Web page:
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Getter cutter machine
I am building a machine which will cut getter strips to individual pieces with minimal attention from the operator. The process must be clean, precise and reliable. It is not very difficult project, so I decided to take it as first project for my planned youtube video build series. I am learning work with camera and eliminating mistakes I do in taking the footage (e.g. loose microphone cable = no sound, autofocus on = shaky footage, forget turn on lights = noisy image etc..).
In first video, I redesigned a feeder part. Now it needs lower amount of air thanks to shorter paths of the cylinders (= less load on compressor, less noise), the frame is more rigid, I can change the length of the getter in a seconds..
Nixie tube I didn’t make
During first week of January, I noticed weird behaviour of my colleagues.. Renata was helping Sebastian with 3D printer (why?). Sebastian was hiding a 3D print from me (why?). Lenka was nervous when I saw her cleaning parts for next batch of nixie tubes (why?). Few days later it all cleared up, I celebrated my birthday and they gave me special nixie tube. Silhouette from a photo of my children, etched from steel sheet, made as a nixie tube in a 3D printed case 🙂 This was first nixie tube which was made by us completely without me, they’ve learned something! It was real surprise and confirmation that we are successful in distributing the skills between us. Nobody is irreplacible now 🙂
Motion sensor for our clocks
We started working on a motion sensor which will be able to control customer’s clock and turn it off when there is nobody around. The nixie tubes will be powered only when the motion sensor detects a movement (somebody in a room can see the clock). When there is no movement (nobody present), the tubes will be turned off.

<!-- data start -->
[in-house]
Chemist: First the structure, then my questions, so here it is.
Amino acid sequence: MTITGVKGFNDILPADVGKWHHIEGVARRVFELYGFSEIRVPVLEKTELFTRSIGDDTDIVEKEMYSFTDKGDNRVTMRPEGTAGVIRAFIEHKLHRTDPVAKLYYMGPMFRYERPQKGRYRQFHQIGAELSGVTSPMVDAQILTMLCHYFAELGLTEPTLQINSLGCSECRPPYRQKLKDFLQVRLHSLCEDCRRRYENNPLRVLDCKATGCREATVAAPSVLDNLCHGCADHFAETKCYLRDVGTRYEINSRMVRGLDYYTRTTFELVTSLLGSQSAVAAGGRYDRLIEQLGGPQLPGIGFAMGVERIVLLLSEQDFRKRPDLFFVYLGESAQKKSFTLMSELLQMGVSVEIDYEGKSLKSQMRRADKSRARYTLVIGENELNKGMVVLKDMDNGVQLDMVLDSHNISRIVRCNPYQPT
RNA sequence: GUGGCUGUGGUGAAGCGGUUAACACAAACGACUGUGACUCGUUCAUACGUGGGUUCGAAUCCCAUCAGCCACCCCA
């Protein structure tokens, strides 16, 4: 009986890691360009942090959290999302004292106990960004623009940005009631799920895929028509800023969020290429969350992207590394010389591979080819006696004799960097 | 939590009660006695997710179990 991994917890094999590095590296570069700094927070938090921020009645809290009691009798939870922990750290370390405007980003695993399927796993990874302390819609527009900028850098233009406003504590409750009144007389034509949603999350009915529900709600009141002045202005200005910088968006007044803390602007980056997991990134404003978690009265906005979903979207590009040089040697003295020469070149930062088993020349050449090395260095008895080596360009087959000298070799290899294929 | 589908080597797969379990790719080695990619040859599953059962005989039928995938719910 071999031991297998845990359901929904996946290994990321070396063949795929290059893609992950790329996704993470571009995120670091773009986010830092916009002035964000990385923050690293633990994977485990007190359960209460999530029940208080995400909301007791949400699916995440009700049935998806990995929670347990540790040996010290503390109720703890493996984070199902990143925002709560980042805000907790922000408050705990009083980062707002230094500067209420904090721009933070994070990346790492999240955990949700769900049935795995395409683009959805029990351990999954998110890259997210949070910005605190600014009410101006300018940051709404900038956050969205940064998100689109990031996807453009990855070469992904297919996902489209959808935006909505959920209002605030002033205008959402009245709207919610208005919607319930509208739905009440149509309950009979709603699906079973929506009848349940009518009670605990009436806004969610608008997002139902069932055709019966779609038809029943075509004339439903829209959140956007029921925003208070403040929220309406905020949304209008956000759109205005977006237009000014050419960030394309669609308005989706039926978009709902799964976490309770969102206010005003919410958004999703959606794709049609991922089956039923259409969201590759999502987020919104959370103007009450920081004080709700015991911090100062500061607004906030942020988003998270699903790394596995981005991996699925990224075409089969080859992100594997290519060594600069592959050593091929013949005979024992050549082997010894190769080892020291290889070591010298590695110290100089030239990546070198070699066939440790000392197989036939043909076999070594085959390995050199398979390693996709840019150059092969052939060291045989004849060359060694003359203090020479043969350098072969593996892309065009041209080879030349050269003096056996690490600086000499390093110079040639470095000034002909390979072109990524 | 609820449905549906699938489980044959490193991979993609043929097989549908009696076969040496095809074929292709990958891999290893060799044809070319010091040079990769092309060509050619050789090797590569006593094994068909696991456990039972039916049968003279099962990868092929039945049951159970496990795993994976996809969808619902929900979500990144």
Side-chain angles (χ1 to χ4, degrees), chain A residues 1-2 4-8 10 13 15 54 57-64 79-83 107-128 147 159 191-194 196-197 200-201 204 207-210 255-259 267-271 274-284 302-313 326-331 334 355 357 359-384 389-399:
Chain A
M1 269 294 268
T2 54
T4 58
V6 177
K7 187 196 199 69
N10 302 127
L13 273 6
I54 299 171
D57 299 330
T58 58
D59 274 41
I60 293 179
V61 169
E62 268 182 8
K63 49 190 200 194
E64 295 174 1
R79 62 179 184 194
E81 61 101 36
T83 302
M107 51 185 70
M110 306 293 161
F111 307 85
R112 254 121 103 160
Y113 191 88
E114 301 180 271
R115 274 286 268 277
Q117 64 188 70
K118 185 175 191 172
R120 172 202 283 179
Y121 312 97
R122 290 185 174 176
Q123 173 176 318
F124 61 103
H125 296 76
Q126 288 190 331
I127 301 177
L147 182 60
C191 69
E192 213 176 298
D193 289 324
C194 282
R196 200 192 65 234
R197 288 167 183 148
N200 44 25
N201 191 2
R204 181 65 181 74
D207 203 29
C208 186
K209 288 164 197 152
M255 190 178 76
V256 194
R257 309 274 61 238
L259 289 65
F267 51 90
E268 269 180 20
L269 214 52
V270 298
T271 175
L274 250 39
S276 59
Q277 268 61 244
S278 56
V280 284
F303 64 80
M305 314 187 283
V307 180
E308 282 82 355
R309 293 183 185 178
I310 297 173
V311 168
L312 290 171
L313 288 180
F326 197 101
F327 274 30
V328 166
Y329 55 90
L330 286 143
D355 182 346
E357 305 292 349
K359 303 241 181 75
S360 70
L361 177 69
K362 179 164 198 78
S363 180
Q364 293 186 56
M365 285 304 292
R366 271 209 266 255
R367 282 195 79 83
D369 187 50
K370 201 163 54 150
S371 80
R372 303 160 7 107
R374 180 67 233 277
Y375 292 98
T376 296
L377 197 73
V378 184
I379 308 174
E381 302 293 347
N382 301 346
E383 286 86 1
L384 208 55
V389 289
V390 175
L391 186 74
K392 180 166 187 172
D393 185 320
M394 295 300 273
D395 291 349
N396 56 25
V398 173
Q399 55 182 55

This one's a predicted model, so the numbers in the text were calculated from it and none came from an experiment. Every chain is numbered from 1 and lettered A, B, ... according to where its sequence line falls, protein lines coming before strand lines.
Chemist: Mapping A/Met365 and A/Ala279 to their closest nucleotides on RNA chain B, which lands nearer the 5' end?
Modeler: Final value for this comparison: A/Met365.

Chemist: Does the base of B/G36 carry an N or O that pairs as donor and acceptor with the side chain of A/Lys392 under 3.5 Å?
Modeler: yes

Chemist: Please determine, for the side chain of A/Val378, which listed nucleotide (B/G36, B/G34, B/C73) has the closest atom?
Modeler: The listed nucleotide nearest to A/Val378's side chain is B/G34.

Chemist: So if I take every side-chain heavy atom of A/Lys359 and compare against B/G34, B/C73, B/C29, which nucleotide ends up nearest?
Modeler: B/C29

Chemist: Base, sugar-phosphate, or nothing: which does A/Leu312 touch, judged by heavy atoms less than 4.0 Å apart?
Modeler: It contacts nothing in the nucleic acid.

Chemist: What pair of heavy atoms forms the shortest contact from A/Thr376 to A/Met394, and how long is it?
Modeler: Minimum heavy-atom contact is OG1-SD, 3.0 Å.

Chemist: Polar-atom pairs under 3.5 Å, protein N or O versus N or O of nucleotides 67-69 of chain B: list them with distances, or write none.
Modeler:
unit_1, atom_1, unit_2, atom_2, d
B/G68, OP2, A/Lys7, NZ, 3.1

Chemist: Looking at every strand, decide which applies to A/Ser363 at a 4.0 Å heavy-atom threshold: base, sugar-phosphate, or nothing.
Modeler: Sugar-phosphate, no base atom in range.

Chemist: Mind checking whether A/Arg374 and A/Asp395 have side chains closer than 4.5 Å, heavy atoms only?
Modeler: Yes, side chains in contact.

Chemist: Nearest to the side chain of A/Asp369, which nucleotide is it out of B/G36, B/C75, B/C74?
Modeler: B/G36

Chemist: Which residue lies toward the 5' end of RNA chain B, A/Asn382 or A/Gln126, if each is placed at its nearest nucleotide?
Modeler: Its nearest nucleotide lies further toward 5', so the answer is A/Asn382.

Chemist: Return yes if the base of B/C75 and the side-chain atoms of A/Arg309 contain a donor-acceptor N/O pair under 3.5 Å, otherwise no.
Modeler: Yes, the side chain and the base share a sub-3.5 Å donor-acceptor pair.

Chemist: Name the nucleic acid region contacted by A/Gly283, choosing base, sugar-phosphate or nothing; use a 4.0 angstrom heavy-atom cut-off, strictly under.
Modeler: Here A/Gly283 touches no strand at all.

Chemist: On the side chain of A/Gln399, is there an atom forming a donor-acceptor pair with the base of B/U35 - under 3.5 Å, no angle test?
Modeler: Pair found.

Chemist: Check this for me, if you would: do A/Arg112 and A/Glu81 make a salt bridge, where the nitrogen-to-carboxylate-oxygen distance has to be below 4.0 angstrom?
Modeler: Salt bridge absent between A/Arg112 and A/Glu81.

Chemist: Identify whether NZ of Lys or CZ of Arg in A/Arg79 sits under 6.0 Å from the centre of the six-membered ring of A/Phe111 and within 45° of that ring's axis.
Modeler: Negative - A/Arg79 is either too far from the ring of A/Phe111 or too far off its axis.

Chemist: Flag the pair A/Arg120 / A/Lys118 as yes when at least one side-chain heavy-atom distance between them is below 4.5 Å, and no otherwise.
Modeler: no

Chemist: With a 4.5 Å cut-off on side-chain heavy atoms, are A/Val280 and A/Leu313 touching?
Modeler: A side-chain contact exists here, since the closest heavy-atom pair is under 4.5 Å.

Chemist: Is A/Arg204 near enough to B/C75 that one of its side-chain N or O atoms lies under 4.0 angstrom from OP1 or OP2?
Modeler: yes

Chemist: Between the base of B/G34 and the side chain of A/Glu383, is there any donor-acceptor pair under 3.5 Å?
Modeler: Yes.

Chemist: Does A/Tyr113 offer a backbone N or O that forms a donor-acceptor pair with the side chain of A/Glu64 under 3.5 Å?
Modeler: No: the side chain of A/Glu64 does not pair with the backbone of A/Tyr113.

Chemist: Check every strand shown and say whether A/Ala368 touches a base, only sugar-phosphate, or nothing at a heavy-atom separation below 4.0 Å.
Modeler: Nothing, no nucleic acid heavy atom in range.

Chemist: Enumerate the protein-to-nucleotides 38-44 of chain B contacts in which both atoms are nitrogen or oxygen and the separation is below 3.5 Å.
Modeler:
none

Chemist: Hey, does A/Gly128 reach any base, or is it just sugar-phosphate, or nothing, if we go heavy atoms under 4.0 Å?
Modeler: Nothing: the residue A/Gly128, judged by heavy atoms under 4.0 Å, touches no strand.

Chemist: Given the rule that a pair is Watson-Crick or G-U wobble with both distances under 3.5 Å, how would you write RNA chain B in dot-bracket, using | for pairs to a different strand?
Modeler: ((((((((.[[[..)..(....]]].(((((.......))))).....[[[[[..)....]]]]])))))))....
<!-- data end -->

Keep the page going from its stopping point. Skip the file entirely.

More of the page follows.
This will prolong tube lifespan as well as save electricity (1W per tube). Currently the clocks can be programmed to turn on/off tubes periodically by night mode feature – each hour in a week can be addressed individually. This feature handle many situations, but when customer’s schedule is variable, motion sensor is the way to go.
Our motion sensor will be a small separate wireless box in anodized aluminum body. This will allow customer to place the module to a sweetspot where it can reliably detect motion in the room. This is sometimes problem with sensor built in the clock – the sensor detects motion right in front of the clock, but this might not be the most frequented place in the room.
The sensor will connect to wifi router wirelessly (just like the clock) and will be powered from a battery. It will recharge from a USB. We are now running first tests to find out how often we can wake it up to check the movement, how frequently initiate connection with wifi etc. to get best balance between battery life and functionality. Our goal is to get to 6 months of regular use (motion detected many times per day).
I asked Radim (our junior electrical engineer) to develop this sensor including software. I wanted him to have maximum freedom with minimum input from me. I tend to control the things on too low level, so in this case I wanted just control the criteria (functionality what we want from the module) and the outcome. I was pleasantly surprised when I saw Radim changing my suggested components with more suitable ones (e.g. lower power), making his own test circuit boards and generally improving and solving the circuitry. Sebastian was also help in this project, I guess it is difficult not to check out what a coleague is working on 🙂
Thank you for attention, see you at the next blog post 🙂 Consider subscribing for our newsletter: http://www.daliborfarny.com/newsletter